Our research in biology education has several major lines of inquiry that investigate (1) the teaching practices and student performance of postdocs who participated in the FIRST IV professional development program compared with faculty who did not participate; (2) the long-term impacts of a reformed introductory biology curriculum and instruction on student performance in subsequent upper-level biology courses; (3) model-based pedagogy as a strategy to help students conceptualize and reason about complex biological systems; (4) the impact of MSU's liberal learning curriculum on students' scientific reasoning; and (5) the pedagogical content knowledge of instructors in introductory biology course and its influence on instructional design.

In addition, we are developing a database to archive student assessment data that can be used to advance research on student learning. Our approaches to research in biology education are influenced by the long-term ecological reserach I conduct on alpine plant communities - long-term and multivariate. This year I will collect the year-40 data set on Niwot Ridge, Colorado, to test a model for forecasting alpine vegetation change with respect to global change.


FIRST IV Faculty Institutes for Reforming Science Teaching: Postdoctoral Scholars


FIRST IV is a national dissemination project designed to reform undergraduate biology education through professional development of 200 postdoctoral scholars. Through two intensive workshops and extensive mentoring by a team of scientists who are expert innovators, teachers, and professional developers, FIRST IV postdocs design learner-centered introductory biology courses that use active, inquiry-based pedagogies. During the academic year following the first workshop, postdocs teach an entire course or a portion of a course and receive mentoring from expert FIRST IV faculty. The research design for evaluating the effect of professional development on postdoctoral fellows' teaching and their students' learning includes a paired-course study of postdocs who are now faculty with peers in their institution, teaching a similar course, who did not participate in FIRST IV. Surveys, direct observations via videos, and class materials are key components of this analytical model. In addition, we are tracking the postdocs through tenure to evaluate the impact of their teaching toward promotion.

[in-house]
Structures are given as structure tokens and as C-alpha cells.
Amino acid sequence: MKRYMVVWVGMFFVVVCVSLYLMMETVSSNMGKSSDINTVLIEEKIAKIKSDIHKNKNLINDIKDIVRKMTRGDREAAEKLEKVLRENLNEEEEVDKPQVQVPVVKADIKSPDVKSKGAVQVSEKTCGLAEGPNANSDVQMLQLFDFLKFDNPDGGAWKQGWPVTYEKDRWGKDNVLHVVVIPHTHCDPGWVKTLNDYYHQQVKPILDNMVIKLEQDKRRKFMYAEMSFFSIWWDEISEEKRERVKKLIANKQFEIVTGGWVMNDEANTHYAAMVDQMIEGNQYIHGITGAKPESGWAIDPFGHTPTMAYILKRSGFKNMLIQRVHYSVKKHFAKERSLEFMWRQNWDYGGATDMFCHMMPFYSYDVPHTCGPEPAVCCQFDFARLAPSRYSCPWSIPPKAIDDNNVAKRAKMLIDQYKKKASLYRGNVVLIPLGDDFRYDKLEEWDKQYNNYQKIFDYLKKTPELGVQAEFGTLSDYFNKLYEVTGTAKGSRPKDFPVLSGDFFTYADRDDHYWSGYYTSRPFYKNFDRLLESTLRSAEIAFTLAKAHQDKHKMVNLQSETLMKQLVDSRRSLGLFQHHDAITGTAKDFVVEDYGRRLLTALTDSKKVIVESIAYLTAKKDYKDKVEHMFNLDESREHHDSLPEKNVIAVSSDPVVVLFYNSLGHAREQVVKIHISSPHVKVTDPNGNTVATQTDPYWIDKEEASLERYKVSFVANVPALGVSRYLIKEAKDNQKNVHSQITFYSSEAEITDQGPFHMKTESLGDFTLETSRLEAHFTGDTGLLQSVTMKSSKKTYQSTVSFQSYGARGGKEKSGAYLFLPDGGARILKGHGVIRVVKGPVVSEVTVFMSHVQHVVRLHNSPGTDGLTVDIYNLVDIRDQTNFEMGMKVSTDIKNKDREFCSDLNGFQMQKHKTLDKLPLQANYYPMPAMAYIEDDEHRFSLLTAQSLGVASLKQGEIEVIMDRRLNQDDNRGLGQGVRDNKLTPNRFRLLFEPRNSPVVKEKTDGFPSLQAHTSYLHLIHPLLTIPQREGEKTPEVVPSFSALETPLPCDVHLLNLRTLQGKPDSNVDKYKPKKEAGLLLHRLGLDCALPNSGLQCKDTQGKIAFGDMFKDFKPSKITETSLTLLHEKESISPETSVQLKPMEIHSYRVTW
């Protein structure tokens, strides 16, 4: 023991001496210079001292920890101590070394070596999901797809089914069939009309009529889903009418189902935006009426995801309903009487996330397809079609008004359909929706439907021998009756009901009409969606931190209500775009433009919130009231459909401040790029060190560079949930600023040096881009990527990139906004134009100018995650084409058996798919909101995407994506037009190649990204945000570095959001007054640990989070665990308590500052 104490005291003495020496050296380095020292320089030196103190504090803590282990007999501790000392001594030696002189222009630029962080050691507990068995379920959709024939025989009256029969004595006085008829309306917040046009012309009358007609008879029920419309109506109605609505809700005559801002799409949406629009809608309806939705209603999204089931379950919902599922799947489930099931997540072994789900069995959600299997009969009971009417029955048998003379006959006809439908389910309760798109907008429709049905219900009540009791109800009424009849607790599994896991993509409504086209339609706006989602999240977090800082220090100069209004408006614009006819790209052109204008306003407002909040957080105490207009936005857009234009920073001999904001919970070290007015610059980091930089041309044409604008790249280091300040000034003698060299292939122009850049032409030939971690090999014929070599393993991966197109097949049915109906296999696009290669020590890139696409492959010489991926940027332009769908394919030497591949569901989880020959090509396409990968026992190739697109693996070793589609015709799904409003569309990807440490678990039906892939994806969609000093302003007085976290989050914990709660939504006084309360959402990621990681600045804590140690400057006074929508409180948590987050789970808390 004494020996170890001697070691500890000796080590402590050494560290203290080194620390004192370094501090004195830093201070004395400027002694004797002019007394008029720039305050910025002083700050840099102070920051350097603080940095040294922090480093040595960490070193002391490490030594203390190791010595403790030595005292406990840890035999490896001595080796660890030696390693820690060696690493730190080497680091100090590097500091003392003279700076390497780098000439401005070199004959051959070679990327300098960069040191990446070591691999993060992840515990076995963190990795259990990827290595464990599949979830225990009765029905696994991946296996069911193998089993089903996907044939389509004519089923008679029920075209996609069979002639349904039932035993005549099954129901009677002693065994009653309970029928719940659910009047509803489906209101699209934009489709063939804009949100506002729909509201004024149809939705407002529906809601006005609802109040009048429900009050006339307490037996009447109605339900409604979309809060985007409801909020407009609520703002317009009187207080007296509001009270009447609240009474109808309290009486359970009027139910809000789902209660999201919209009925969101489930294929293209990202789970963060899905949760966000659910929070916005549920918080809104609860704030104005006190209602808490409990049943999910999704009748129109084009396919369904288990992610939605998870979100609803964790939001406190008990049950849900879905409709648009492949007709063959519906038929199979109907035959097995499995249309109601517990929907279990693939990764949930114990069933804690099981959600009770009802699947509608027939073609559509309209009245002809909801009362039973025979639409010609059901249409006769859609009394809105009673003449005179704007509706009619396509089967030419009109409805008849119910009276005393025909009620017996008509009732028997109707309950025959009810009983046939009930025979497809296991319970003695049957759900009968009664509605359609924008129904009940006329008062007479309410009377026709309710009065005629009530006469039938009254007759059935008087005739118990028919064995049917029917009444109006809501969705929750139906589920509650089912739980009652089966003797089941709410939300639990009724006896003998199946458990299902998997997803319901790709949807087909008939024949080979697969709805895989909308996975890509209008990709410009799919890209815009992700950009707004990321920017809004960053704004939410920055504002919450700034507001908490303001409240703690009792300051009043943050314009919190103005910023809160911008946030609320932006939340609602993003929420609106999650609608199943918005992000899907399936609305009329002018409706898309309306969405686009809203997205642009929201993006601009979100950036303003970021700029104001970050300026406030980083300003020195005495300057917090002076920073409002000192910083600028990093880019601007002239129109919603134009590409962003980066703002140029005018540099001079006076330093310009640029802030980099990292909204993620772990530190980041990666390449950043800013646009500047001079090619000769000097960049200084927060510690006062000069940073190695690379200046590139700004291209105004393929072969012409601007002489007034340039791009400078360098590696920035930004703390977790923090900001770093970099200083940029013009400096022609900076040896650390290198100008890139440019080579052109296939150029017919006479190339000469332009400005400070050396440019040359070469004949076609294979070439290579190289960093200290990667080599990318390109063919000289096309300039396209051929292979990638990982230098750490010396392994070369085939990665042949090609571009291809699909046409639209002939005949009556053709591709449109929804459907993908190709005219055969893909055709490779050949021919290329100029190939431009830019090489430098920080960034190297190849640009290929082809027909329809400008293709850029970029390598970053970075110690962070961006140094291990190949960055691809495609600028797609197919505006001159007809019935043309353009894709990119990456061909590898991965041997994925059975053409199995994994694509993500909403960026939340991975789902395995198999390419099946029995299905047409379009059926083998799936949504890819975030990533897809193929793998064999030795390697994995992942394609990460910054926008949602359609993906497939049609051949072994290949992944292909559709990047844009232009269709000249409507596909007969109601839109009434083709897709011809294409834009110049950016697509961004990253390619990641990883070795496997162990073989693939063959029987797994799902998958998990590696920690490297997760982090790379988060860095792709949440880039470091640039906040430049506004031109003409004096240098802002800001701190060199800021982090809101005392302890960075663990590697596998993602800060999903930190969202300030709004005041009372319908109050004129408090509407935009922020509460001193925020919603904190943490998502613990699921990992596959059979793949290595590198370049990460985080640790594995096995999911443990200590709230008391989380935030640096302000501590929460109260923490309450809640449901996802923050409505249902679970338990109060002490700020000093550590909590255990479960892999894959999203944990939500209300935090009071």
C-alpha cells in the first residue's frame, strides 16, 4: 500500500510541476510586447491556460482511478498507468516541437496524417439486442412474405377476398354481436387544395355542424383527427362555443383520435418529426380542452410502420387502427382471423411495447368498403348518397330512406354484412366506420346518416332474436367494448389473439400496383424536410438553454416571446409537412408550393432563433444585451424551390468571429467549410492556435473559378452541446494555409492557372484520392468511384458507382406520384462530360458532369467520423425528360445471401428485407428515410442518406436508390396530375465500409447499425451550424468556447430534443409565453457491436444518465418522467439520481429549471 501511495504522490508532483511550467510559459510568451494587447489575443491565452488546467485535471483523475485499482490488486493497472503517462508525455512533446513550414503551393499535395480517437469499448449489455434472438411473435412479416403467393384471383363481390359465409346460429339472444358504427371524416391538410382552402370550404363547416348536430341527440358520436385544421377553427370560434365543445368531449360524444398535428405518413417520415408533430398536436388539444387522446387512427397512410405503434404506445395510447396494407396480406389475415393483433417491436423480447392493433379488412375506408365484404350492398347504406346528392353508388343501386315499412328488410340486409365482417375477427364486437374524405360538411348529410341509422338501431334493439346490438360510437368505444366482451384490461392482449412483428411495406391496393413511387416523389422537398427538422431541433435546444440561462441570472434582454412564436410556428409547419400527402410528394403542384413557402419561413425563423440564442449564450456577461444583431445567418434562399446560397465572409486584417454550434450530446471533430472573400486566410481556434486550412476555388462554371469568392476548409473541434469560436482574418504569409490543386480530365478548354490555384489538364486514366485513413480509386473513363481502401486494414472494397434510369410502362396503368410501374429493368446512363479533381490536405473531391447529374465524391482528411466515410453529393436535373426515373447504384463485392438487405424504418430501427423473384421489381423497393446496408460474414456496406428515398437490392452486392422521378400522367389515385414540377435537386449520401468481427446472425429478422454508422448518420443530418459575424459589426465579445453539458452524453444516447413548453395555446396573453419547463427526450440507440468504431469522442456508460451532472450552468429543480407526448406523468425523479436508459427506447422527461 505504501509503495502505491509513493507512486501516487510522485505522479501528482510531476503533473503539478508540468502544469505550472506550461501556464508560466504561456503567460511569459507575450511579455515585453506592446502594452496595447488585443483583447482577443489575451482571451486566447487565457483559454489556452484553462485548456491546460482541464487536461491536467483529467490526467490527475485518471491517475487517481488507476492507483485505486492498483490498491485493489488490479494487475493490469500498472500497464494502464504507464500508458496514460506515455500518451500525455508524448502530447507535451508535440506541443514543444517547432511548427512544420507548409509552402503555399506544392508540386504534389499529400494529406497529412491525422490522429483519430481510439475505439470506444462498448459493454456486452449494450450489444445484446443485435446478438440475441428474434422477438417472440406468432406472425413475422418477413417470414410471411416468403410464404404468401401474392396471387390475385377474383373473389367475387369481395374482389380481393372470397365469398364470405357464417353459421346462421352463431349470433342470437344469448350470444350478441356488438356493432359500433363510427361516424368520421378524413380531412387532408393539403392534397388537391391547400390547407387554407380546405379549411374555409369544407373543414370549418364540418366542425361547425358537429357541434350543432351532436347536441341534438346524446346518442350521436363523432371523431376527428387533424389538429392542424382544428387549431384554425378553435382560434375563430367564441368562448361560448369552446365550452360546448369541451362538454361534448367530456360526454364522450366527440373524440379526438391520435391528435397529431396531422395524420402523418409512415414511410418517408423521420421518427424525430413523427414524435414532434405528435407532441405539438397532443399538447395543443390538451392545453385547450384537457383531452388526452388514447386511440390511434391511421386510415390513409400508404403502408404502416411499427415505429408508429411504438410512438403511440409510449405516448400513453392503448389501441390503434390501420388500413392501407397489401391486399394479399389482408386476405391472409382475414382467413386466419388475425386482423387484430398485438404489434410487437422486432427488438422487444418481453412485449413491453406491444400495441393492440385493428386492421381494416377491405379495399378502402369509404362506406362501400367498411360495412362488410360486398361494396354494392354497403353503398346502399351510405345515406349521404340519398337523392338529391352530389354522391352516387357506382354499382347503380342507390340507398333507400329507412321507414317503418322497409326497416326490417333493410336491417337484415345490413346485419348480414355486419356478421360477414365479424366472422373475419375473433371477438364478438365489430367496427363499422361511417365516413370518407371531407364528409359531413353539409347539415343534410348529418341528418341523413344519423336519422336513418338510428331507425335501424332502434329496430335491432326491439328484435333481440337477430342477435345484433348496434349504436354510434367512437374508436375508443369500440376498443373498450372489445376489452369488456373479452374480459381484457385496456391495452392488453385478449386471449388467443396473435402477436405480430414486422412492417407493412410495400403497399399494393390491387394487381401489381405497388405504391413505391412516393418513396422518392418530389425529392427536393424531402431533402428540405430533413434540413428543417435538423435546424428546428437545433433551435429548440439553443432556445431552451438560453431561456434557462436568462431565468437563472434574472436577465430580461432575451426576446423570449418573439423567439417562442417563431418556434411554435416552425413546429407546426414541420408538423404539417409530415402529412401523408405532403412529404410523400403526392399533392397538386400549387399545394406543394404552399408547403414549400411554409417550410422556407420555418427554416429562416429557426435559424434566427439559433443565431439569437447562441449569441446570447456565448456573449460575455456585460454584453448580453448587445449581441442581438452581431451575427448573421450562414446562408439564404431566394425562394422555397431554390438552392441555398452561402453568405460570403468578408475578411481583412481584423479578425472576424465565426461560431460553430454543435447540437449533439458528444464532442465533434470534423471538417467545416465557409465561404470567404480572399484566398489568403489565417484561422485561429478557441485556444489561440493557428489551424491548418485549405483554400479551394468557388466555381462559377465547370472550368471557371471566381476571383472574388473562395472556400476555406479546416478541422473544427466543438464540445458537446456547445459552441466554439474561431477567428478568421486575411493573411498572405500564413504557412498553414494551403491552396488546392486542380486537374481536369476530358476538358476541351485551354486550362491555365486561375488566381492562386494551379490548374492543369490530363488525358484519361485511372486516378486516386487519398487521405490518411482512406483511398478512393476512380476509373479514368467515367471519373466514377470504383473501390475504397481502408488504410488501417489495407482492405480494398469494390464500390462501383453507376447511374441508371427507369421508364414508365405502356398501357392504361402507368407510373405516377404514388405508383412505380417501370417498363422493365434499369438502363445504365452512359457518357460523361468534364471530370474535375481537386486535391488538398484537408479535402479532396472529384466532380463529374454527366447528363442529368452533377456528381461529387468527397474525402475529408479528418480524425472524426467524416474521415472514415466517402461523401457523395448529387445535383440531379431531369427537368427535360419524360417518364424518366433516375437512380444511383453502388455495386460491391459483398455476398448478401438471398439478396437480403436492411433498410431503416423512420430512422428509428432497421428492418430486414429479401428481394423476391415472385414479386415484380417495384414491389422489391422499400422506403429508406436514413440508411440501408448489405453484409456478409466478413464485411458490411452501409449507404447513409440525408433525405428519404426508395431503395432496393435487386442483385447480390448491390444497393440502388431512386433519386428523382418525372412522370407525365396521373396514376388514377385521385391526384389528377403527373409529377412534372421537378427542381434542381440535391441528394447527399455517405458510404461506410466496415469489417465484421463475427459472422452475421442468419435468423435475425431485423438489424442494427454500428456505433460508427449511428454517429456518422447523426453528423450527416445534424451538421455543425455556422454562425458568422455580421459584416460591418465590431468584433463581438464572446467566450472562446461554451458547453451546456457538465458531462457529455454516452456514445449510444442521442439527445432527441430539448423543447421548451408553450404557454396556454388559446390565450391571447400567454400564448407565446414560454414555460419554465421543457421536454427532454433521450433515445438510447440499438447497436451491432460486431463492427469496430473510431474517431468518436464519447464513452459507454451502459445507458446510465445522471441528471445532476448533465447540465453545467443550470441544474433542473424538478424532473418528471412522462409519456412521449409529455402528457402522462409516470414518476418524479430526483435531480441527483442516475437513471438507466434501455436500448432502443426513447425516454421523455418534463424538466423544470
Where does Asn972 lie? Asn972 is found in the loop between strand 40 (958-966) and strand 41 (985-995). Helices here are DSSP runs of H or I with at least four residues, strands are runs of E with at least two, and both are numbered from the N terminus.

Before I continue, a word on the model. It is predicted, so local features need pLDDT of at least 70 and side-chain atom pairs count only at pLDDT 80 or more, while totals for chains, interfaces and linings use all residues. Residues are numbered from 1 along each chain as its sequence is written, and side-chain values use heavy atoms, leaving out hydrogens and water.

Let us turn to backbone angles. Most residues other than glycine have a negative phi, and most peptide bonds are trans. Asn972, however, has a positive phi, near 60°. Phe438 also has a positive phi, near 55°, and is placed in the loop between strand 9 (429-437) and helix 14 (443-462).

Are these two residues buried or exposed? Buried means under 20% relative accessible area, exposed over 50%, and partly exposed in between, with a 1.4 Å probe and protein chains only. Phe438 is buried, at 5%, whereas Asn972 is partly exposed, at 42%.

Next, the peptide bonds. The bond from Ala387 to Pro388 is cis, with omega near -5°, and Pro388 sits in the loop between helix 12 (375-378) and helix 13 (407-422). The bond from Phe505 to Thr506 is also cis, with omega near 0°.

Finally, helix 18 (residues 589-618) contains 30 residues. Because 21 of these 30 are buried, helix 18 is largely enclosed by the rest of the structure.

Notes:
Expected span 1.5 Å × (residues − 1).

Reform of Introductory Biology: BioSci


Biological Sciences (BioSci) is a large introductory biology program at Michigan State University. We reformed BioSci 110, a course focused on populations and organisms, from a passive lecture format to an active, learner-centered course. Research in BioSci includes development of a reform model, implementing active learning pedagogies, and reforming accompanying laboratories. We are conducting a longitudinal study of student learning and views about science in subsequent introductory courses - genetics, ecology and evolution - to compare students from the reformed BioSci course with those who took other versions of the same course.




Model-Based Pedagogy


Understanding complex systems is fundamental to science and science education, especially in the biological systems. As part of the reform of BioSci toward a learner-centered pedagogy, we incorporated model-based learning to help students conceptualize and reason about complex biological systems and to provide a method for students to conceptualize complex biological systems. We are investigating the development of student modeling skills and their ability to represent and understand complex biological systems. Our research focuses on use of models for analyzing students thinking about biological systems and leads to the question, how do students learn synthesis?


Scientific Reasoning (SR)